And yet feelings affect us profoundly. These temporary flights of fancy can shake us to our very core. Why? Why do feelings have such power? I have been thinking about this lately. Feelings aren’t always negative. Sometimes their power is harnessed for goodness and beauty. Feelings of happiness and warmth may overflow and lead us to be loving and kind. But do we have any control over when we feel happy? Do we control our feelings or do our feelings control us?
I never want to forget about beauty.
I never want to forget about light- any kind of light… the way it gleams through cracks in doorways and glistens through the blinds. Colours dancing on the walls, and soft and peaceful shades. I don’t want complacency to keep me seated and sure in things in which I have found nothing before.
Even when joy flickers on my eyelids, I blink and only darkness. Only for a second. But I let the evil enter. I listen. I let it shade my solitude, allow it access to my thoughts. I want to control or to ignore it. Control is fleeting, because I cannot attain it, though I try with endless run-throughs and sickly waves of guilt. Ignorance is no better, for it smothers my joy, holds her back just a little. It puts restrictions on my freedom, imposes limits on my peace.
This is not the life I want. This is not the choice I want to make.
What do we have? What do we have, really, when it’s all taken away? What is left? What remains in the ruins of the things that once were ours but now elude our grasp?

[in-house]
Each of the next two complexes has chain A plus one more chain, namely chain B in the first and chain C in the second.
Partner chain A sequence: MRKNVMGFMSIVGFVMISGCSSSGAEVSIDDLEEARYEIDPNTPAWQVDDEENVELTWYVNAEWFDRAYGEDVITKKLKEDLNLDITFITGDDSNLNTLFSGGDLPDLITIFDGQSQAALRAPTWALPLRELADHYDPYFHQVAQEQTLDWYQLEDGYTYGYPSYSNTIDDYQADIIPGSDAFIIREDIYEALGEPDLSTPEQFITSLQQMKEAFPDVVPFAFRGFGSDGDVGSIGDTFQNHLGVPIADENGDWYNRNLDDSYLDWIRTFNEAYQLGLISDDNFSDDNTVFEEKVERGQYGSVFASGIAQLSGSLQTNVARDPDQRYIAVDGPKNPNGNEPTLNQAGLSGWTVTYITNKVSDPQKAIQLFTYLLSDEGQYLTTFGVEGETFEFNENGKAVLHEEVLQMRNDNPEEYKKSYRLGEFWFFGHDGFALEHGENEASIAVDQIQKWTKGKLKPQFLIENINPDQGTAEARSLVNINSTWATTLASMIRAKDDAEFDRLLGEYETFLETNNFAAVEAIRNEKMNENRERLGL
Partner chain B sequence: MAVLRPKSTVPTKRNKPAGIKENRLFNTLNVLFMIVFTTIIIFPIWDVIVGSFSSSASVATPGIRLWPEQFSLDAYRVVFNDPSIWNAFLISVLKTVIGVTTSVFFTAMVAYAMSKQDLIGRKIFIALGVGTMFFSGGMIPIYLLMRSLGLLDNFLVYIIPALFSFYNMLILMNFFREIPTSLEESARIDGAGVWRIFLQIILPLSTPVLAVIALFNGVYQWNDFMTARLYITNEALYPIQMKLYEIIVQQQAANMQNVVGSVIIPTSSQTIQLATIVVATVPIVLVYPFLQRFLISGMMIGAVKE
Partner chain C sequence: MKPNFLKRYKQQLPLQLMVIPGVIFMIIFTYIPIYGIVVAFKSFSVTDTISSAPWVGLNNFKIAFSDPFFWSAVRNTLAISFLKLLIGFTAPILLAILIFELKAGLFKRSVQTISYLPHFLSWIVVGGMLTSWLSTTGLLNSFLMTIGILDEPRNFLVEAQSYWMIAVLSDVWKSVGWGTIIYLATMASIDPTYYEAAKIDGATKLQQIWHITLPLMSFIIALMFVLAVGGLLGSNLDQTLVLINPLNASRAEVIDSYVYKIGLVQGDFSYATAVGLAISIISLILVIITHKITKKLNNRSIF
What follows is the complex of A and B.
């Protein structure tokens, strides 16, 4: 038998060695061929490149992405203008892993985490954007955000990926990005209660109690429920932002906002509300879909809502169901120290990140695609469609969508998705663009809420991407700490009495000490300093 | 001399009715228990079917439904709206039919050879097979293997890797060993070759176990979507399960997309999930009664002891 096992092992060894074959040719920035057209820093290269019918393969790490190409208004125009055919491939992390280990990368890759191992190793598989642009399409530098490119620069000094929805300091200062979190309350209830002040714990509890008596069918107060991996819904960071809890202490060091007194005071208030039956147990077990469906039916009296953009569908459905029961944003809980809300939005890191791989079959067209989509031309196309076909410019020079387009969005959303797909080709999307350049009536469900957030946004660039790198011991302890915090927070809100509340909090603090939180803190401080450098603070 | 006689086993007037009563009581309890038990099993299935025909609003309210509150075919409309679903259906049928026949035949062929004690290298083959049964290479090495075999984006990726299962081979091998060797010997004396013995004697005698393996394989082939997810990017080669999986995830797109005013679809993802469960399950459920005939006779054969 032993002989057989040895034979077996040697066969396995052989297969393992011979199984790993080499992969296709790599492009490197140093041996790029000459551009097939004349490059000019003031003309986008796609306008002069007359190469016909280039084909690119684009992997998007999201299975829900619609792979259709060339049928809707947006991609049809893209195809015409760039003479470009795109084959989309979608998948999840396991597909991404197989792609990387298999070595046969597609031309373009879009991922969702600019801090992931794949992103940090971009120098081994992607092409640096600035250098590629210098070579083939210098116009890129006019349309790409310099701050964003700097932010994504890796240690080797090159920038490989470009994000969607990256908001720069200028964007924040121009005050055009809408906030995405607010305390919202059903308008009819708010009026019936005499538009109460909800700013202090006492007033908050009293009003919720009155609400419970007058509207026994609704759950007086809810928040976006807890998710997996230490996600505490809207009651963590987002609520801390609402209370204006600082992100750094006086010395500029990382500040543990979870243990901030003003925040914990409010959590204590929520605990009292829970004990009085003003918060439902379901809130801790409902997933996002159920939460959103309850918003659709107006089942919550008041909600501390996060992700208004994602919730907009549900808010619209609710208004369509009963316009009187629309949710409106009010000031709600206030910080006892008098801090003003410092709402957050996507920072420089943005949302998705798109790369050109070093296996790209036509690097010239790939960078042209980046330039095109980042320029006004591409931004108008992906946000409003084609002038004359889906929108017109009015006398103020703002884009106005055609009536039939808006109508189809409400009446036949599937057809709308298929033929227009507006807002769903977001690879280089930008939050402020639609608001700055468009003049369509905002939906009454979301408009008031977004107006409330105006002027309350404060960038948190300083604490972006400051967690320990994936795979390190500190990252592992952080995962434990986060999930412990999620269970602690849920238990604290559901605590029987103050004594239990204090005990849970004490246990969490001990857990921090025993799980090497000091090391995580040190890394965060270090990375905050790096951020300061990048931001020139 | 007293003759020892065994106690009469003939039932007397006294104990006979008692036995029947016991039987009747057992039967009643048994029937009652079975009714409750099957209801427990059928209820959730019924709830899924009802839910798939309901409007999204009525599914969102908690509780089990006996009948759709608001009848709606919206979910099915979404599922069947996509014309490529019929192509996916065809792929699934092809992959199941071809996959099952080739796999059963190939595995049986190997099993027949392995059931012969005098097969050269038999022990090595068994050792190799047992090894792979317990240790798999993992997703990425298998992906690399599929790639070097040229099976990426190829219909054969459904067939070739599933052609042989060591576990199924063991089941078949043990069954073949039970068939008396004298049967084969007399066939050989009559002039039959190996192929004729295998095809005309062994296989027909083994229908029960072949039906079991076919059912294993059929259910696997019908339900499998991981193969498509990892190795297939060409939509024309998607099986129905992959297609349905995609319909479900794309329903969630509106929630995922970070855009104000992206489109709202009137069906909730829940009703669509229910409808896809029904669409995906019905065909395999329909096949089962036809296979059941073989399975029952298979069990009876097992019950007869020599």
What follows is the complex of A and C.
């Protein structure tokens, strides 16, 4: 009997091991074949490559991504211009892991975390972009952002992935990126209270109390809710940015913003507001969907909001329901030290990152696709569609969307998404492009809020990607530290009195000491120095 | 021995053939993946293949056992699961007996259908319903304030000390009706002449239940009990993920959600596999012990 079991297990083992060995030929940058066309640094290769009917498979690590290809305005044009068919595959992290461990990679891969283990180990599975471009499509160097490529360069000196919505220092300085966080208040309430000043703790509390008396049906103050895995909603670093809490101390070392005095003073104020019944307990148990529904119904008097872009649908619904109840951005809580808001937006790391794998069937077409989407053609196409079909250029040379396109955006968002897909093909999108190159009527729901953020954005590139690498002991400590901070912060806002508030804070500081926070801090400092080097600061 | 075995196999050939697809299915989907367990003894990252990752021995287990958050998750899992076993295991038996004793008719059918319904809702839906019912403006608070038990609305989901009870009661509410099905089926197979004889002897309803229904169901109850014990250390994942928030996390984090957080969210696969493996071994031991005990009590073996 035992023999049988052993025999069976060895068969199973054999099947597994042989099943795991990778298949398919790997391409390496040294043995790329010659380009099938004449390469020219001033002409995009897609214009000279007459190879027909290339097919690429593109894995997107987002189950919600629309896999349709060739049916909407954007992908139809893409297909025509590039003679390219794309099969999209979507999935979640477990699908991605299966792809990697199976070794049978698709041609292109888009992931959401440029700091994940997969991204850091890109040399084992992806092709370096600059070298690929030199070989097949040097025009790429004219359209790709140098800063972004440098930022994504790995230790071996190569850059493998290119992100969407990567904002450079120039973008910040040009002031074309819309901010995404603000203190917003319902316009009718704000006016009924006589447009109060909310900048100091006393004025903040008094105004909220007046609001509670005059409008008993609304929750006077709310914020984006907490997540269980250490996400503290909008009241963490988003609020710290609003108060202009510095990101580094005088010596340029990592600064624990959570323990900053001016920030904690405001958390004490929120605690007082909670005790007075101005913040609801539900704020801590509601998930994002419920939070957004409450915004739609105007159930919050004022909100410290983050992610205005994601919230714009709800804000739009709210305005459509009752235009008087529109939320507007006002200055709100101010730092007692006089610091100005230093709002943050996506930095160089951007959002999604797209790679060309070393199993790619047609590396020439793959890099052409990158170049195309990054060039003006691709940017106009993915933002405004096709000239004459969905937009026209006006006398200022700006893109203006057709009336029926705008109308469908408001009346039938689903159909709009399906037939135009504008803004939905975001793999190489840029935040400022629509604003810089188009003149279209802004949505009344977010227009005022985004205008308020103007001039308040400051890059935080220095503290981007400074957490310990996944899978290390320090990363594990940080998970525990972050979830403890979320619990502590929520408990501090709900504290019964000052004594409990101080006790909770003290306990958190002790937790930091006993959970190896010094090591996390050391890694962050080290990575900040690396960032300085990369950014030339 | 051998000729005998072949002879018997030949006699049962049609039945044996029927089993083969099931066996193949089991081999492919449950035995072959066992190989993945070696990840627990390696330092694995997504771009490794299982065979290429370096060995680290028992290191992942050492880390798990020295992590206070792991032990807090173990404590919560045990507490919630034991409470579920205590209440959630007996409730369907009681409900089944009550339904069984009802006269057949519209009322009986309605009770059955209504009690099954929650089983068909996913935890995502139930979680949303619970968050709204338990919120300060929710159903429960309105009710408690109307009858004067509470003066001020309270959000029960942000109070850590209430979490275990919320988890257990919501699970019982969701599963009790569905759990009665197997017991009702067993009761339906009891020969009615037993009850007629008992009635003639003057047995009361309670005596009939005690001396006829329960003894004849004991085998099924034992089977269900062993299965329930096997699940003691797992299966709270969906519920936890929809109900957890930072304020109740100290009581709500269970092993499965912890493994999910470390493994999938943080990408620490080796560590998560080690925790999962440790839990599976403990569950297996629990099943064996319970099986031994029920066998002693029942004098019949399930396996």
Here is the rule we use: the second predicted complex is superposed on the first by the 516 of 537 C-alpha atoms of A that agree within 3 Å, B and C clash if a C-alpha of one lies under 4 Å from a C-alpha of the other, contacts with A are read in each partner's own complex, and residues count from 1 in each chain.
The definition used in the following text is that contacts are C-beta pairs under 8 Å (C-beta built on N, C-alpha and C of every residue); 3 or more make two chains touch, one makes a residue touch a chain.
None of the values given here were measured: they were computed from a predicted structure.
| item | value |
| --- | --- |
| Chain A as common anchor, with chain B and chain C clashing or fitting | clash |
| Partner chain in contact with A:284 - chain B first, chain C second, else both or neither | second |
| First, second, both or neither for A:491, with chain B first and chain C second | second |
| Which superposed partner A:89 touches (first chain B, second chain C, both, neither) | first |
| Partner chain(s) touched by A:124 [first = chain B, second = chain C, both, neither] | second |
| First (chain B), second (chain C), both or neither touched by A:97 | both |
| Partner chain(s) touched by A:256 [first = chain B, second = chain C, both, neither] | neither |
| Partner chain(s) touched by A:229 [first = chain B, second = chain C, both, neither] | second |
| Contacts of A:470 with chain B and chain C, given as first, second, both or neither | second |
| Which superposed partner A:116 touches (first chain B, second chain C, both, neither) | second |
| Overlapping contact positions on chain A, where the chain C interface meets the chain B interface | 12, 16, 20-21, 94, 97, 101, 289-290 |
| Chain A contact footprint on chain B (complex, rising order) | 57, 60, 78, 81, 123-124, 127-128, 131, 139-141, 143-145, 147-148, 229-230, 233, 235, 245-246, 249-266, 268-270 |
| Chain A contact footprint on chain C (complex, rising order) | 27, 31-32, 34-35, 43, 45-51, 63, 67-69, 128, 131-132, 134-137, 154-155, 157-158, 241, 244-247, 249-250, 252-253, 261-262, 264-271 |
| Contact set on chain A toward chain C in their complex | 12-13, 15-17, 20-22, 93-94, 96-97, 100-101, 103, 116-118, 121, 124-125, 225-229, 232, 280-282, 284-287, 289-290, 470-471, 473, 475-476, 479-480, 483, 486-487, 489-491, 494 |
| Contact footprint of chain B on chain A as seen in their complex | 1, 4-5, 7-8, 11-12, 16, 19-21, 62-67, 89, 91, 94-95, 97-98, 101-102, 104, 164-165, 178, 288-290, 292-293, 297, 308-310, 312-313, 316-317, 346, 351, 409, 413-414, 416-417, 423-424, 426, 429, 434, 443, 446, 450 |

The thought is daunting. The idea that the world on which we lean and the things around which our lives are built are temporary. Fleeting. They will pass. Not just things but people. Feelings. Thoughts. Moments. Dreams and hopes. Disheartening perhaps. That’s what it is. Peeling back the outer layers is painful, and what’s more, it exposes the shell underneath. For that is all that’s left. This tiny forlorn shell that is self. All we really have and all we are.
I’m not trying to be unnecessarily negative. I’m not trying to be realistic either. This tiny shell to me is full of hope. In fact, this shell is truth. It is not hollow and it cannot be shaken or broken down. When all the cloaks which cover it are stripped away, the shell can be stripped down no further.
The hardest thing in life is learning to be your own person. The world proclaims the glory of the self-made man, of the almighty individual. We learn that life is something you must do alone, that who you are is less important than what you make of it, and that this outcome is entirely dependent on your own merits and efforts.
No wonder self-discovery is so difficult. What a horrible place to live: beneath the pressure and the condemning whispers, beneath our own weaknesses, since our merits and efforts inevitably lead to failure. I am afraid to become this kind of person, because I know alone I am not enough. But learning to be your own person does not involve overcoming this fear of individuality; it involves turning to the source of our true identity and individuality.
What would a life look like without fear?
I don’t pretend to have the answer.
I have frequently fallen victim to fear, disarmed by its silent attacks, a prisoner of the worries it spins out of empty air. I have been tentative, tiptoeing around the fears I have buried, anticipating shadows surely lurking in wait. Fear is a presence I know well, the kind of enemy that, once eradicated, never stays away for long.
No. I’m not entirely sure what a life looks like without fear.
But I know that I want to find out.